In the next seven years Hungary will receive 22.4 billion euros (more than ten thousand billion forints) from the European Union. The idea is to close the gap between the rich and the poorer countries of the union. How this money will be used is of crucial importance. Such financial help can be used well and used badly. Ireland used the money very well while Greece, for example, used it very badly. The Hungarian government realizes the importance of decisions concerning the spending of the money and therefore worked out a seven-year Plan of National Development headed by Gordon Bajnai, a young businessman, who at the last reorganization of the cabinet became minister without portfolio. According to all reports Bajnai is doing a very good job.
Wednesday Prime Minister Gyurcsany and Bajnai together gave details of the plans for the next two years, during which about 2,800 billion forints will be spent on 271 projects. Out of these 271 projects 191 have already been accepted and contracts can be signed within six months. However before signing the contracts Bajnai’s office will conduct a very thorough examination of the proposed expenses. They will make sure that no unnecessary expenses will be encountered. Another 80 projects met with governmental approval theoretically, but they still need further work and refining. In addition, by the end of the year there will be approximately 150 projects for which regions and local governments can apply.
Among the projects for the next two years one can find investments of national significance, educational programs, and 123 different projects for highway construction. As far as the development of infrastructure is concerned another 882 kilometers of highway can be built. When an application is approved, the project must be finished within three years. Otherwise, the European Union wants its money back.
Among the projects of cultural and historical significance is the Hungarian Royal Castle’s renovation. The cost will be about 22-23 billion forints, of which the Hungarian government will shoulder about 10 billion. The rest will come from Brussels and the private sector (about 12-13 billion forints). The Museum of Fine Arts will have a new underground section. The Franz Liszt Academy’s more than one hundred year old building will be restored. The Hungarian government’s contribution here will be 10 billion forints. The Szentendre (north of Budapest, along the Danube) outdoor museum will have a new northern Hungarian village, a market town typical of the Hungarian plains, and an old historical railway station. The different parts of the outdoor museum most likely will be connected by a miniature railroad. In Balatonfüred, in the old early eighteenth century city center will be a new building for a local history collection and for an information center. The planners kept a watchful eye on the tourist industry, which is of great importance for the country’s economy. According to people familiar with tourism, the Hungarian share lags behind for example the Czech Republic and, of course, behind Austria.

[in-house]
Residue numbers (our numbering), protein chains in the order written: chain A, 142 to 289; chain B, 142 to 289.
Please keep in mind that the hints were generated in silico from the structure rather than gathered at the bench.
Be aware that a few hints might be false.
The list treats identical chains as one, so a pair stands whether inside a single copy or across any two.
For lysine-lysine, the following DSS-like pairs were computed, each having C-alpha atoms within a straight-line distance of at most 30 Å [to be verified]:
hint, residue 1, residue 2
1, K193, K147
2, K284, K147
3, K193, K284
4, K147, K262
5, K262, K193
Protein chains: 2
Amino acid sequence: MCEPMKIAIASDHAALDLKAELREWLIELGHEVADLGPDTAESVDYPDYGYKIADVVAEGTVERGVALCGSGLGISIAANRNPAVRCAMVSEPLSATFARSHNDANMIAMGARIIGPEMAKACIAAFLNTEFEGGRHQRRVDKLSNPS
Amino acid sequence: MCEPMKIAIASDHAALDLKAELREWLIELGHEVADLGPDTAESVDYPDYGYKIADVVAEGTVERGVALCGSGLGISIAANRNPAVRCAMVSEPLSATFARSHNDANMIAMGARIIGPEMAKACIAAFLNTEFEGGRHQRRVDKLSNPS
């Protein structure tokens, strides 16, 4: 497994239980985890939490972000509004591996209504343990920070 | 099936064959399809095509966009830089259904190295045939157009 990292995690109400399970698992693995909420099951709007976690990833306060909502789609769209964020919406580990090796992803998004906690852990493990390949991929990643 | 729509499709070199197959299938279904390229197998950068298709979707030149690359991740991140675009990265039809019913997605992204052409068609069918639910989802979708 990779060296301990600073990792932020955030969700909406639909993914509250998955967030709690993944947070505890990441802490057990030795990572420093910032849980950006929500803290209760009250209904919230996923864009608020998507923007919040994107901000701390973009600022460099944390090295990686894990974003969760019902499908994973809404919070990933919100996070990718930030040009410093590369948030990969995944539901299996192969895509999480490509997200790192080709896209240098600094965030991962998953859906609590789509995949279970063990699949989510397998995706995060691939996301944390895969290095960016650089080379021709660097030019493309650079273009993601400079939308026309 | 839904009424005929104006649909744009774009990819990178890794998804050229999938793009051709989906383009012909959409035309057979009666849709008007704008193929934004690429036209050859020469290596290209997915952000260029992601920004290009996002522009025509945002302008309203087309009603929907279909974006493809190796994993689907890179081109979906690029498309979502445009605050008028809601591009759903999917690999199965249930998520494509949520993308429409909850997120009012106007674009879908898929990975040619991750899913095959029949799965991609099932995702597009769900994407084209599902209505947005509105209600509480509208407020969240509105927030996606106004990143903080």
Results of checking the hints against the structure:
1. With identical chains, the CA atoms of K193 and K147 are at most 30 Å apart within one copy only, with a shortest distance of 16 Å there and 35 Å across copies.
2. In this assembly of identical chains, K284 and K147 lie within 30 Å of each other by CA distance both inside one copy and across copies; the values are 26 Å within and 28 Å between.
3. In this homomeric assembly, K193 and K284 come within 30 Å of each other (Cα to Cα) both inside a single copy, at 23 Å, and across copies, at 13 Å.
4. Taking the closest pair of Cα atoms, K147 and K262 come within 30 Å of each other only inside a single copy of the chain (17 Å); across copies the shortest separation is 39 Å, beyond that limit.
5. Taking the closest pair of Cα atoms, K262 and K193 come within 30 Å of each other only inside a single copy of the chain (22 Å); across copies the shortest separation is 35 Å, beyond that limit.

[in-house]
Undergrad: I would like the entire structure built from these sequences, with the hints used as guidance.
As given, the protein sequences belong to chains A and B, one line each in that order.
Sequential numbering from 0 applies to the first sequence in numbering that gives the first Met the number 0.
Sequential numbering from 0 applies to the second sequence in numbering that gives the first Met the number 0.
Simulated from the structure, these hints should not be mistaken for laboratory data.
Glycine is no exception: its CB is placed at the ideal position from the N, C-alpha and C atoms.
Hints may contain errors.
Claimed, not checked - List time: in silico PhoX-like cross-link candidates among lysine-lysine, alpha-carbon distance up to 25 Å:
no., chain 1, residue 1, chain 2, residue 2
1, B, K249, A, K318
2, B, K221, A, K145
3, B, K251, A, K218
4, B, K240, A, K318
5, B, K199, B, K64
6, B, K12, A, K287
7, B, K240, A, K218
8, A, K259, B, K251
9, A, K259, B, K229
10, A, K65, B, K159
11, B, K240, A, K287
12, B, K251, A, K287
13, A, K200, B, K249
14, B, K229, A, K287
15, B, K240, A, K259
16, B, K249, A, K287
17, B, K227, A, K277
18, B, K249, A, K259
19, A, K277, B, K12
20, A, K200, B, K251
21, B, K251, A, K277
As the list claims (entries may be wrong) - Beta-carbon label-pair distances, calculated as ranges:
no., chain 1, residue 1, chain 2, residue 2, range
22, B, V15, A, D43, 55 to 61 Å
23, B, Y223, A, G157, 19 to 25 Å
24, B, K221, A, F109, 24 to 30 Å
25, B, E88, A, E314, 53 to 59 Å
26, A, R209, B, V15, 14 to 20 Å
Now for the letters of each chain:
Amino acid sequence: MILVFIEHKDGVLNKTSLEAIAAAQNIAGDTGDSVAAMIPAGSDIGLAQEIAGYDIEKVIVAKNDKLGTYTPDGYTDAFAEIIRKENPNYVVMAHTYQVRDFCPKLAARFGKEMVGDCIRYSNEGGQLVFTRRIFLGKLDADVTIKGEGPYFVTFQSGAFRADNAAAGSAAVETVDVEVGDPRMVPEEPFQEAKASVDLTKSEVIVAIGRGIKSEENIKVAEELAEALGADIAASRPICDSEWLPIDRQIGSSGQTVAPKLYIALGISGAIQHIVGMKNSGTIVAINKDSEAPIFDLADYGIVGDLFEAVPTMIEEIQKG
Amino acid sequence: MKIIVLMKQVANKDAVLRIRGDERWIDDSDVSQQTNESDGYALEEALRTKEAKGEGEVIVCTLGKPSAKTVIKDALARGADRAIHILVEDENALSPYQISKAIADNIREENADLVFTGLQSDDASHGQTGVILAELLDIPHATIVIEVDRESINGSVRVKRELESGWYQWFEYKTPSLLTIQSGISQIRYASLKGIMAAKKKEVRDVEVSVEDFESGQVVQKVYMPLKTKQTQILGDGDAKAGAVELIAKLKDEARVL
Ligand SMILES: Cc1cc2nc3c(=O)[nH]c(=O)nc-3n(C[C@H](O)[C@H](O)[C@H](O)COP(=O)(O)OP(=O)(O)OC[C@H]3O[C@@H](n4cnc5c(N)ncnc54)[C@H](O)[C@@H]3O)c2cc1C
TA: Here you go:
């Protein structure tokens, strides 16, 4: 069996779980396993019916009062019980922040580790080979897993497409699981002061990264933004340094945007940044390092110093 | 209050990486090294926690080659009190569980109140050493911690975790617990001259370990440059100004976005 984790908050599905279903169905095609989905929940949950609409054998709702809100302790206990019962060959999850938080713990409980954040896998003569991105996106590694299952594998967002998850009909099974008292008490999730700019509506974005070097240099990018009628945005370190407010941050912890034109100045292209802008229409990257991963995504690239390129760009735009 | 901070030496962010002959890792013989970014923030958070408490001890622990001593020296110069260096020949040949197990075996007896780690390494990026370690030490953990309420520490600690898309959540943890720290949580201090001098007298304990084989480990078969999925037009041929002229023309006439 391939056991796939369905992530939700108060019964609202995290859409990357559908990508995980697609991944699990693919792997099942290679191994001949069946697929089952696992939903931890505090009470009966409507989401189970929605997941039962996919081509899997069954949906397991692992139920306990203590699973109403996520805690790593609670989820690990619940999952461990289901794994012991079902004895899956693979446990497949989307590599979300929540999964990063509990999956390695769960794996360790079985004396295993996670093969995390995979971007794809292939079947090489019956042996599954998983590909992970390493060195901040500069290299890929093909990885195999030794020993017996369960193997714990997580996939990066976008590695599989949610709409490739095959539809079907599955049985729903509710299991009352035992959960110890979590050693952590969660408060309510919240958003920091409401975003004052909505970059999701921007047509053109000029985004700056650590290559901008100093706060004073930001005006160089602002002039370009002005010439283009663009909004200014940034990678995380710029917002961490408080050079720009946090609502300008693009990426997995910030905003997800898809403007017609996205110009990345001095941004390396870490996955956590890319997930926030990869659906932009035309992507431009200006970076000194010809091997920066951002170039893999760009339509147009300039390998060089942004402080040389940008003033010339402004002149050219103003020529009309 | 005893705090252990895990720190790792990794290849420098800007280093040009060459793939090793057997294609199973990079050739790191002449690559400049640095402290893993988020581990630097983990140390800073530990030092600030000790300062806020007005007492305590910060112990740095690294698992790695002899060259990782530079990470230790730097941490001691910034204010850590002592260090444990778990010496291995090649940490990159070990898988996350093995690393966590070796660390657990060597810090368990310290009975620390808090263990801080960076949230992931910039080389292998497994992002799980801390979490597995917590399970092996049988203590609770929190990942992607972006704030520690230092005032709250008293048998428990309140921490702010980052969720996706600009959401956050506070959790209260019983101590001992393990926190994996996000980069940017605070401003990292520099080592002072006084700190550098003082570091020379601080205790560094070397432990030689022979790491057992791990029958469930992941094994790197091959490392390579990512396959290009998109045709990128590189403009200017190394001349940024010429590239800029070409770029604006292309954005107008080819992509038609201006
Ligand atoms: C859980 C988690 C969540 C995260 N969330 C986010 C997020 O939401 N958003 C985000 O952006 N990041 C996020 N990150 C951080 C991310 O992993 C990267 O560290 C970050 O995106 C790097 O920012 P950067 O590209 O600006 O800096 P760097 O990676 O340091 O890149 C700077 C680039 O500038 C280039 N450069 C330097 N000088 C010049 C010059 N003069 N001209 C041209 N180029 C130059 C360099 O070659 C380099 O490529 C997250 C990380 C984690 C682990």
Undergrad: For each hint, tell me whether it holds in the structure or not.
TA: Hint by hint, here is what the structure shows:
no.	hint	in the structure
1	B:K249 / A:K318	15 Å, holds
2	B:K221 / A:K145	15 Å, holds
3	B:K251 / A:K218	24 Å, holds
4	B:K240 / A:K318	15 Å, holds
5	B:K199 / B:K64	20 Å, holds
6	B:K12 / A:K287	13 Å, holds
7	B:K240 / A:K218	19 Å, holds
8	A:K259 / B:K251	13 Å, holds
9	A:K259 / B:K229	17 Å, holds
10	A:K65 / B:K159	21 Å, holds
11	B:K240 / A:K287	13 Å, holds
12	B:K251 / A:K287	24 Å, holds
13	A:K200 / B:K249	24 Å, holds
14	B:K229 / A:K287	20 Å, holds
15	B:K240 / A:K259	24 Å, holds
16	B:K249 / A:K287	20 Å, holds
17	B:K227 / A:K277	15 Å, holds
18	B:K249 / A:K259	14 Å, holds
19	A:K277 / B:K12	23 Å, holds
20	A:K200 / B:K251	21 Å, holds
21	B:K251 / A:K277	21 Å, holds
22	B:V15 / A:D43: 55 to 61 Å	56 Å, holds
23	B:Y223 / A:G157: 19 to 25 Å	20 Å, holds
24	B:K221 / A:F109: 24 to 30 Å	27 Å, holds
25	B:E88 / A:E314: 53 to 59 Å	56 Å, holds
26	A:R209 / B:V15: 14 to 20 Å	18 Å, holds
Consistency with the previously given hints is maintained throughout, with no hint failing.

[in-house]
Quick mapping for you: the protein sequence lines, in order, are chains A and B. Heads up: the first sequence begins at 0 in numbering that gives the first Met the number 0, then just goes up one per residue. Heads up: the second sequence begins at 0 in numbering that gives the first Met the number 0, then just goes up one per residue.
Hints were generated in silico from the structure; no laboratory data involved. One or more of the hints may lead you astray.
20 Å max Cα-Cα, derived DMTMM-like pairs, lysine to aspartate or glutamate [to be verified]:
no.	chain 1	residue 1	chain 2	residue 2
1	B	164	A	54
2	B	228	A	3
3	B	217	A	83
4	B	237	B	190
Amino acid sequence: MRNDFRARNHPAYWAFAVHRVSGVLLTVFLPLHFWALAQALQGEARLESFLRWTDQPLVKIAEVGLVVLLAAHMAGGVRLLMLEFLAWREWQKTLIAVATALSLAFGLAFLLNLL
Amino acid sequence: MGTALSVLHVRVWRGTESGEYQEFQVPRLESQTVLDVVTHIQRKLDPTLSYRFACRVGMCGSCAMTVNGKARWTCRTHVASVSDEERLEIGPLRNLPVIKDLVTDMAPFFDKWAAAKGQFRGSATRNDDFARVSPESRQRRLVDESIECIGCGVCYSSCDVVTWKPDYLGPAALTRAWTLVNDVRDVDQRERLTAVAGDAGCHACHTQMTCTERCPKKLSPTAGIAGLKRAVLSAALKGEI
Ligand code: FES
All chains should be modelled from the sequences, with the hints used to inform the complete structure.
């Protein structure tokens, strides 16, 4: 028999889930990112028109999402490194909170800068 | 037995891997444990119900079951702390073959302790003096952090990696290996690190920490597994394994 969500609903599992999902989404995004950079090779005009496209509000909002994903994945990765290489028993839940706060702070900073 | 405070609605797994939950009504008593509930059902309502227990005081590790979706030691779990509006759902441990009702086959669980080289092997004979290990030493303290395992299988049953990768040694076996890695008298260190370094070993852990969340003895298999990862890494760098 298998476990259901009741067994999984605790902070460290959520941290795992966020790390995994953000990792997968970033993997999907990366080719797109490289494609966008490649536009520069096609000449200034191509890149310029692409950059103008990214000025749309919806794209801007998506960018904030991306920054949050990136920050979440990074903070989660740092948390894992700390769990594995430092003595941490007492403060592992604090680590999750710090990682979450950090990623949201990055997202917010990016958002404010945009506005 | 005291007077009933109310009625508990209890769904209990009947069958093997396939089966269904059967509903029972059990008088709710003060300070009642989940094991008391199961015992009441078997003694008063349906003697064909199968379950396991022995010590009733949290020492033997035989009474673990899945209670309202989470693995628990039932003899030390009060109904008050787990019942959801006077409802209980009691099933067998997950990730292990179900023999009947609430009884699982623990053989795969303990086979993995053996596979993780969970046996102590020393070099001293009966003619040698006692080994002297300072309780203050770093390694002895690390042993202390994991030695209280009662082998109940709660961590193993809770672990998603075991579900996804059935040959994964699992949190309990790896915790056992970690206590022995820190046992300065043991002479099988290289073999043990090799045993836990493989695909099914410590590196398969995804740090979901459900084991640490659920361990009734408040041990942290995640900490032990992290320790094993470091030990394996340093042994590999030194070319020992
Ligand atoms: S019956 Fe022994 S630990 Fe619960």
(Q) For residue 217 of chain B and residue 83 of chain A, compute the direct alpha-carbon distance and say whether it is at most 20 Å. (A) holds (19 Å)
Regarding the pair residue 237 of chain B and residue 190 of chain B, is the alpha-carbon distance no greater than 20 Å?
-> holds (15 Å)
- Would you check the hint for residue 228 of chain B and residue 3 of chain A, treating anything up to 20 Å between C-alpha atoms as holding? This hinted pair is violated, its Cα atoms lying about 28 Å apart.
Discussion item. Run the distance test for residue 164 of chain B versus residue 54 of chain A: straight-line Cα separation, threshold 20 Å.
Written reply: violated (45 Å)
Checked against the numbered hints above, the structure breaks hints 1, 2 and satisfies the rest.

In Sárvár, close to the Austrian border, the city hospital will be modernized and a new wing will be built and it will serve as a rehabilitation center for the whole region. Between the Danube and the Tisza rivers where almost desert-like conditions exist, several projects will be built in order to increase the water supply.
These are only examples of some of the many, many projects. Once these monies are pumped into the economy, there should be an immediate improvement in employment and economic growth. No wonder that Viktor Orbán would very much like to have early elections because although it is true that if elections were held today the Fidesz would win, this situation most likely not going to remain so indefinitely.
A few months ago poor Bajnai appeared on the early morning political interview show on MTV and the three reporters attacked him mercilessly that there is only talk, talk, and talk and no money. Not a cent. When will the money come? Bajnai tried to explain that a lot of work must be done before the projects’ contracts can be signed, but the reporters were not satisfied with his answers. Now at last they can be satisfied that the money is more or less allocated and with January 2008 work on the actual projects can begin.